Polyether ether ketone (PEEK)

Polyether ether ketone (PEEK) is a colourless organic thermoplastic polymer in the polyaryletherketone (PAEK) family, used in engineering applications. The polymer was first developed in November 1978,[2] later being introduced to the market by Victrex PLC, then Imperial Chemical Industries (ICI) in the early 1980s .


Polyaryletherketones (PAEKs) are a class of semi-crystalline high performance engineering thermoplastics having a unique combination of thermal stability, chemical resistance, and excellent mechanical properties over a wide temperature range. This class of polymers has also good resistance to combustion and good electrical performance.

The high thermal stability is provided by the diphenylene ketone groups which impart high strength and high resistance to oxidation, but make the polymer rigid. Flexibility in the polymer backbone is provided by ether linkages which also add to the thermal stability. Some types, like PEEK1, are extremely tough and have very high impact strength. Due to the semi-crystalline nature of these polymers, a high degree of mechanical properties is retained close to their melting temperature. They also have very low tendency to creep and good sliding and wear properties. These properties are retained over a wide temperature range.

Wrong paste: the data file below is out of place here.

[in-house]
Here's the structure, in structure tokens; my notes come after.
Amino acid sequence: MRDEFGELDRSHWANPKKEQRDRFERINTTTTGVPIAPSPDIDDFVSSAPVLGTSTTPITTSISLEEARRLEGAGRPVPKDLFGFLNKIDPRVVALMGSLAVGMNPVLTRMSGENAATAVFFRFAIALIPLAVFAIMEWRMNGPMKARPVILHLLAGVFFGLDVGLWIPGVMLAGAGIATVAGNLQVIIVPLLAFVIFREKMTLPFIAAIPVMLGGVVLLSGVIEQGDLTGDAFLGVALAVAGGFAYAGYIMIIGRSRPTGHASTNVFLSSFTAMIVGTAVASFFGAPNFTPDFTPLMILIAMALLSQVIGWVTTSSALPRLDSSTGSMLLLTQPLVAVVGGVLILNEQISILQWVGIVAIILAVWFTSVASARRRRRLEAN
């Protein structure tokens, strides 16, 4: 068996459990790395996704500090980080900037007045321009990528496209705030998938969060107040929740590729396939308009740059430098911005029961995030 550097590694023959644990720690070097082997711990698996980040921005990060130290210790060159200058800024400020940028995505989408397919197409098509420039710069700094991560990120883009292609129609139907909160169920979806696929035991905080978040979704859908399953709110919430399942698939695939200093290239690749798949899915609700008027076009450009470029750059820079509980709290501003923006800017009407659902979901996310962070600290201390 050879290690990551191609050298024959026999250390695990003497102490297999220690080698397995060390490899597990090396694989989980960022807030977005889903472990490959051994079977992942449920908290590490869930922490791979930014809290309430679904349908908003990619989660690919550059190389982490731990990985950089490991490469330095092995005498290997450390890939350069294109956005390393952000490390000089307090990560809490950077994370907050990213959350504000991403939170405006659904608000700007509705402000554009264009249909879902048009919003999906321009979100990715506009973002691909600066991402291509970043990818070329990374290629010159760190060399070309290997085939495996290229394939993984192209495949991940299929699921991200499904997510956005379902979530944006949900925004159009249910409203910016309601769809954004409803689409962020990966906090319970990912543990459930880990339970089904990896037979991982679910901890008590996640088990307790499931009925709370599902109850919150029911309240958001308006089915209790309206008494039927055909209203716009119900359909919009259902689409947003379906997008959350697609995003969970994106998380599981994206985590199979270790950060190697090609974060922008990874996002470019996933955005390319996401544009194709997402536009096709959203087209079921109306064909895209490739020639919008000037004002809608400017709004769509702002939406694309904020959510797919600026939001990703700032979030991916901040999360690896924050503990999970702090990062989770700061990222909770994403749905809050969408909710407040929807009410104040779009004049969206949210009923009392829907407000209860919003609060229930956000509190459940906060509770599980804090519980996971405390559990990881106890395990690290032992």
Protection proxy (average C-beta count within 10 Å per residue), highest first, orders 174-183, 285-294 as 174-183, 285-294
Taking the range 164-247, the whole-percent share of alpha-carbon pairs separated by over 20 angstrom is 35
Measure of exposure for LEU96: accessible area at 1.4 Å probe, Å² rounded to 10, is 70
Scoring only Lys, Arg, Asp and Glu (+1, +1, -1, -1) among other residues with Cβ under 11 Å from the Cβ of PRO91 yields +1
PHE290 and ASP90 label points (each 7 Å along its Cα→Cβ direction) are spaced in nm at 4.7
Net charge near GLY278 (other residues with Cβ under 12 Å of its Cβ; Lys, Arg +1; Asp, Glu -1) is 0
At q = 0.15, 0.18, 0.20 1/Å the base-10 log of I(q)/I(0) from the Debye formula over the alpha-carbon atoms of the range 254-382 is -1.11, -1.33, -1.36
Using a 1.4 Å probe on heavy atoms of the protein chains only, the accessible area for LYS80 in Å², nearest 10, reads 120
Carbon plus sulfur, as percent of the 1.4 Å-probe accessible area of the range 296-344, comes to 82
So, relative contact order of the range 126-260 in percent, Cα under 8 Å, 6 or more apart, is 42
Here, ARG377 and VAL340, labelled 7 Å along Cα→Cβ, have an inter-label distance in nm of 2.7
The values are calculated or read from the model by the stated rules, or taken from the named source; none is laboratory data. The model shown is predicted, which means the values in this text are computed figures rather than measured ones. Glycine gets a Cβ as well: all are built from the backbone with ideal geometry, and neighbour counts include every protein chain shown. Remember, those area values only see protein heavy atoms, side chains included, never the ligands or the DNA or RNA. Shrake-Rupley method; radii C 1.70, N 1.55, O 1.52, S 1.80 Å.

Polyetherketones are known for their excellent chemical resistance to many organic and inorganic chemicals and exceptionallly good resistance to hydrolysis in hot water. However, they exhibit poor or only moderate resistance to weathering due to damage caused by UV radiation2, whereas resistance to beta, gamma and X-rays is good.

Some grades of PAEKs show good resistance to combustion, and when they burn, they produce fewer toxic and corrosive gases than many other high performance polymers.

Most grades can be fabricated by conventional thermoplastic processing methods, such as extrusion and compression molding. PEKs can be also used as matrix resins for high performance reinforced composites.